On environmental health Jimmy particularly has my vote: he was one of two dissenting City Councilpersons who recently voted against allowing developers to proceed with a plan to sell homes to people who would have to agree to maintain a 20,000 cubic yards pit full of neurotoxic motor oil waste on-site. Jimmy is a proponent of alternative methods to pesticides. This is big for where my family lives, in the unincorporated outskirts which is the jurisdiction of the 4th District Supervisor. Jimmy is concerned about ag companies’ responsible use of water, and he is in favor of water regulation.
Jimmy wants our youth to have exciting, good-paying job opportunities and quality of life right here, so that we do not lose them—as opportunities seem to call many elsewhere, leaving many youth feeling disenfranchised. A vote for Jimmy supports responsible, progressive growth opportunities that include all people and holds the key pieces of our current global crisis in focus: environmental health, equity and opportunity for our precious and unique town through diversity and cooperation.
In 2021, many small businesses were deeply grateful for his “small business highlights” and a Mayor’s Proclamation—helping many of us that are desperately struggling to maintain visibility to the public, and to remain stoic during the darkest hours.
While my business was starting out on Main Street downtown for the first four years, Jimmy was one of the more responsive and encouraging City Council representatives who met my frustrations with crime, drugs and public works failures with compassion, respect and advocacy. I have been a resident of unincorporated Watsonville for 12 years, and the County Supervisor is our de facto Mayor who influences very important things affecting our safety and well-being—like renewing our damaged roads, where people commonly drive into oncoming traffic to avoid potholes, going 40 mph up a blind hill! Unincorporated, largely ag areas of Watsonville need a responsive person like Jimmy, who understands both the business of farming and the needs of residents, and who can help effective dialogue about interlocking matters.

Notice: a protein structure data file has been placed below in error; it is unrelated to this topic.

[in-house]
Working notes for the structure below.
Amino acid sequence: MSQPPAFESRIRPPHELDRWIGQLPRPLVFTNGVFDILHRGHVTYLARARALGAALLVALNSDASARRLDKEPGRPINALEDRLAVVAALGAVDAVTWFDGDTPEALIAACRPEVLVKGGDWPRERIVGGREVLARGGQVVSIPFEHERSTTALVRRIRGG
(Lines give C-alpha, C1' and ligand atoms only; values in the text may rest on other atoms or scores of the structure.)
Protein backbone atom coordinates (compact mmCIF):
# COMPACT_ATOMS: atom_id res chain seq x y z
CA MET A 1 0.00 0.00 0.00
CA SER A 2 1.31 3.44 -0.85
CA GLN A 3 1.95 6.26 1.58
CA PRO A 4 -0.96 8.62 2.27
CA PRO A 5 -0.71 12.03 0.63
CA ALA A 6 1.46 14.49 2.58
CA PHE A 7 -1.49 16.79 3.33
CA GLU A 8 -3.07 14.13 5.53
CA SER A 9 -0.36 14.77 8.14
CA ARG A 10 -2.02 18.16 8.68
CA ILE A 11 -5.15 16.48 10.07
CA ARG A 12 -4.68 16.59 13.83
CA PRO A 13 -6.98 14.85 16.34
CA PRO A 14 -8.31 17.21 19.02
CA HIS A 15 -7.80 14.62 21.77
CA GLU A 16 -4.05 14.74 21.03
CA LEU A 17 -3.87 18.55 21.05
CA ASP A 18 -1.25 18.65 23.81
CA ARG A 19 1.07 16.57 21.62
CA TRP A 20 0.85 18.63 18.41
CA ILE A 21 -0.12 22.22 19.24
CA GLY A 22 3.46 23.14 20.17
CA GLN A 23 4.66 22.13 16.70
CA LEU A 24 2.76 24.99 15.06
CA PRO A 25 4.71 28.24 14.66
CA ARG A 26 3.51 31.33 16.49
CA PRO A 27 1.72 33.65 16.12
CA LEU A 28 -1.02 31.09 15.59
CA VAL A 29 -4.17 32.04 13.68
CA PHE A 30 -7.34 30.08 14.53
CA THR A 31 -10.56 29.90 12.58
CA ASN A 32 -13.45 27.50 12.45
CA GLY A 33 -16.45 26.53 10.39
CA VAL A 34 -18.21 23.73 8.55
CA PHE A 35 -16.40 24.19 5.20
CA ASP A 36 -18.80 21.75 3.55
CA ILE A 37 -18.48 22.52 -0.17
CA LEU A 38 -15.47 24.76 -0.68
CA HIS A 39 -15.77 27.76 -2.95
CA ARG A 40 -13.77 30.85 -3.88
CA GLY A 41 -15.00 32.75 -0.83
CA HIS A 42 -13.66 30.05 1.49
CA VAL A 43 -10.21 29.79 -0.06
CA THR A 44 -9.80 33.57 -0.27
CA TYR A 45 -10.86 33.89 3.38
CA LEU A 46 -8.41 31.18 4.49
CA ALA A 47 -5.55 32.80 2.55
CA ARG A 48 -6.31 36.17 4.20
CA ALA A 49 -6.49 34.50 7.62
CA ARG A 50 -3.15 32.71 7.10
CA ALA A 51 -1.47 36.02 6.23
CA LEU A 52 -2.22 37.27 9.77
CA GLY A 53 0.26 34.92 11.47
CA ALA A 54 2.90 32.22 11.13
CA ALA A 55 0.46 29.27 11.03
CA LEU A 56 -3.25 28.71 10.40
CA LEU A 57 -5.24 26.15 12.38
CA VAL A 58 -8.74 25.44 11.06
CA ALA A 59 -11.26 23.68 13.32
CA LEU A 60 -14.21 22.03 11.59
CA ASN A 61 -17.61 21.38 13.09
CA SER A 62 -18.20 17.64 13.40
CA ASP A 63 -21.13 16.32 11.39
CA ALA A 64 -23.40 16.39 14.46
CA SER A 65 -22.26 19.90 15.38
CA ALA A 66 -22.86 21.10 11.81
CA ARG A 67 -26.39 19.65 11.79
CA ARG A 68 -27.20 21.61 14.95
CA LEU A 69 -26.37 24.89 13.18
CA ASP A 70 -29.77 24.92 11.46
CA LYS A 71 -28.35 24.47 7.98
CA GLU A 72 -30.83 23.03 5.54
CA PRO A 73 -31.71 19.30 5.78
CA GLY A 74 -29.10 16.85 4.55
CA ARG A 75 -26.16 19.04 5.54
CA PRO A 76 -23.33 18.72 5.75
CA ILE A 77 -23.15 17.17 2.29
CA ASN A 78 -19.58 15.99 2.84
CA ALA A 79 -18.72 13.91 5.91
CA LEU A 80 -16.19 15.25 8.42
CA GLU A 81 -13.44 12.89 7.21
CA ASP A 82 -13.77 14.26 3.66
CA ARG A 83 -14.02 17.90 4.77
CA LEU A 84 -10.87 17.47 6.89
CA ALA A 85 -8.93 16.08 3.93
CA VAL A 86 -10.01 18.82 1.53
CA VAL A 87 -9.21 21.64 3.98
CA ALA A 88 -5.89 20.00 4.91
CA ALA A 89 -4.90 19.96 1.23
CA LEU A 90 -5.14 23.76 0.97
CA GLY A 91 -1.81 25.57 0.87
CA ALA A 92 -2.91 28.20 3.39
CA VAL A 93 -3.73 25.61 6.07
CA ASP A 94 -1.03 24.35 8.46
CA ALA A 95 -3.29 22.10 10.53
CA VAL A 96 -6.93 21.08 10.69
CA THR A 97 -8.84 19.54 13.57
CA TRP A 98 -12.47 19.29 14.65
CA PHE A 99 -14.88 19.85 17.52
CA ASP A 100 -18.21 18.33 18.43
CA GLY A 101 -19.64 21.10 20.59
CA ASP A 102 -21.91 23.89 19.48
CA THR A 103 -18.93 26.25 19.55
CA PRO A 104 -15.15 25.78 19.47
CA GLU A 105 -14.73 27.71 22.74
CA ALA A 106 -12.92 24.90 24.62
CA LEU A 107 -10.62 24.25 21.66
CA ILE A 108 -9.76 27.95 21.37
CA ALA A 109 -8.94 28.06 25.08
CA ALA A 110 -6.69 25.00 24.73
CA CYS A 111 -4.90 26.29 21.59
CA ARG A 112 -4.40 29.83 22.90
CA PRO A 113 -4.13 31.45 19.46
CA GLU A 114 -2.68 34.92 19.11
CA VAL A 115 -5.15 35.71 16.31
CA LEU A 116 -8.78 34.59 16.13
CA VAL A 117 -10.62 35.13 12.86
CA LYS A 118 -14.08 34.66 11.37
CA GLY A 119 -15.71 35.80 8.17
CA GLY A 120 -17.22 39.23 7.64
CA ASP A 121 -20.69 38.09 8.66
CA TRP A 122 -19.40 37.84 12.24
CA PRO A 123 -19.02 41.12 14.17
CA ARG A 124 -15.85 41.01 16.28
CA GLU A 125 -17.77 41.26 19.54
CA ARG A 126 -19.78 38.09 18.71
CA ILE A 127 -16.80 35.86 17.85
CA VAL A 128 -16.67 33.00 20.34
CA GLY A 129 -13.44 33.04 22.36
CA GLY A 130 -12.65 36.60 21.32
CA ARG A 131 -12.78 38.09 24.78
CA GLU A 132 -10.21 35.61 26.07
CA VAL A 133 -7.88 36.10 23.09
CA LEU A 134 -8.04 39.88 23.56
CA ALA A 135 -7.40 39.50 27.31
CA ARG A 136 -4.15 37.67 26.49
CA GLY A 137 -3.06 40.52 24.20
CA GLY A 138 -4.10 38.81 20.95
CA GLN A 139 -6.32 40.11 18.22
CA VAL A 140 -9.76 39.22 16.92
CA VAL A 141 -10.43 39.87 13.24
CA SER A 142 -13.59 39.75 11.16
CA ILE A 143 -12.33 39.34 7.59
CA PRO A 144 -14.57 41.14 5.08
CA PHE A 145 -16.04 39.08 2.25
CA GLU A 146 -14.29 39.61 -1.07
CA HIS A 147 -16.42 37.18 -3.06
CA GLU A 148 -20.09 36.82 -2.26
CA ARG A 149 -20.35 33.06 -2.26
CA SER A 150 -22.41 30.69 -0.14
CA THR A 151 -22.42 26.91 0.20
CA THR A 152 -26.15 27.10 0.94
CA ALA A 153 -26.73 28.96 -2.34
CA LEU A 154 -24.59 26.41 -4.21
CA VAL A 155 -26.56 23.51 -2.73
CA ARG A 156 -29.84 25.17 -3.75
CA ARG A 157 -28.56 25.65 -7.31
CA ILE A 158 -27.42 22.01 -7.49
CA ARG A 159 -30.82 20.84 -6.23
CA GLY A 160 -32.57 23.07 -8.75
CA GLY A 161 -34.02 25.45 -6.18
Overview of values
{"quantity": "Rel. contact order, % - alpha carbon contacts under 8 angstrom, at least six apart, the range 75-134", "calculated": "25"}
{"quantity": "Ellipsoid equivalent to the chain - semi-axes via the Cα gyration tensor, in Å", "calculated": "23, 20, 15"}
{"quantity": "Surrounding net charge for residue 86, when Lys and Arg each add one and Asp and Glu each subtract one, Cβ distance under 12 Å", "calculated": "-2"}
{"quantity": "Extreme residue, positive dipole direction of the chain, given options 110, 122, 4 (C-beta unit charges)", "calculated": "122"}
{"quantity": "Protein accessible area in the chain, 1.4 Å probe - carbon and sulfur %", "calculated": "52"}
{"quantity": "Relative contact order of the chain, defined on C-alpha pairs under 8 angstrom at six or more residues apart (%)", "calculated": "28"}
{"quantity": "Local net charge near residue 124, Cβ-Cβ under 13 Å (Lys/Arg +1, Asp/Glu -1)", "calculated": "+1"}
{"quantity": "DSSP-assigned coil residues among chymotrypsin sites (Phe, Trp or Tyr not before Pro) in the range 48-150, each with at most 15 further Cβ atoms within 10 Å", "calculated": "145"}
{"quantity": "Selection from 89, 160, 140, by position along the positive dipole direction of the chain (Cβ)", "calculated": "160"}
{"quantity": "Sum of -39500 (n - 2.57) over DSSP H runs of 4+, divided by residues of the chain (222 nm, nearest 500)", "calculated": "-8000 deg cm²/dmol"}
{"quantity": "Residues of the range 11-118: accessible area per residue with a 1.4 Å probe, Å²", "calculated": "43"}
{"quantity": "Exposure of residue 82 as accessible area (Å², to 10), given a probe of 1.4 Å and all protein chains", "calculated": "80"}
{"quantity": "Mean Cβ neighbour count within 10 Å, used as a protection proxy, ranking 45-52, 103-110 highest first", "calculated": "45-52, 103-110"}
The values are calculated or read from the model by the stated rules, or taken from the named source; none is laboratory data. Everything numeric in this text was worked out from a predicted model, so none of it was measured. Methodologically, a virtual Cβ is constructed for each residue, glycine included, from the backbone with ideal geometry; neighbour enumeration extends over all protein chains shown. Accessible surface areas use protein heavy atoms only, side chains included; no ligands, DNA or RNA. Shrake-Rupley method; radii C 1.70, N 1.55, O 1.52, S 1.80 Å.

Jimmy is both bold and sensitive. He listens to constituents, has a huge heart of compassion, and is decisive when he speaks. His ability to sensitively influence progressive economic change comes from being born into a farming family. He was educated at PVUSD schools and then went on to Santa Clara University and further to University of Southern California. This could have taken him anywhere politically, but he loves our town, its people and history and is keenly aware of both the rich traditions—and navigating the way out of entrenched, complex and dysfunctional aspects in our civic process here in Watsonville.
Now more than ever, at this time of profound opportunity for the peoples of South County, we need Jimmy to take his seat as the 4th District County Supervisor.
—Phoenix Artemisia, Mother of two, owner of Watsonville Yoga, Dance and Healing Arts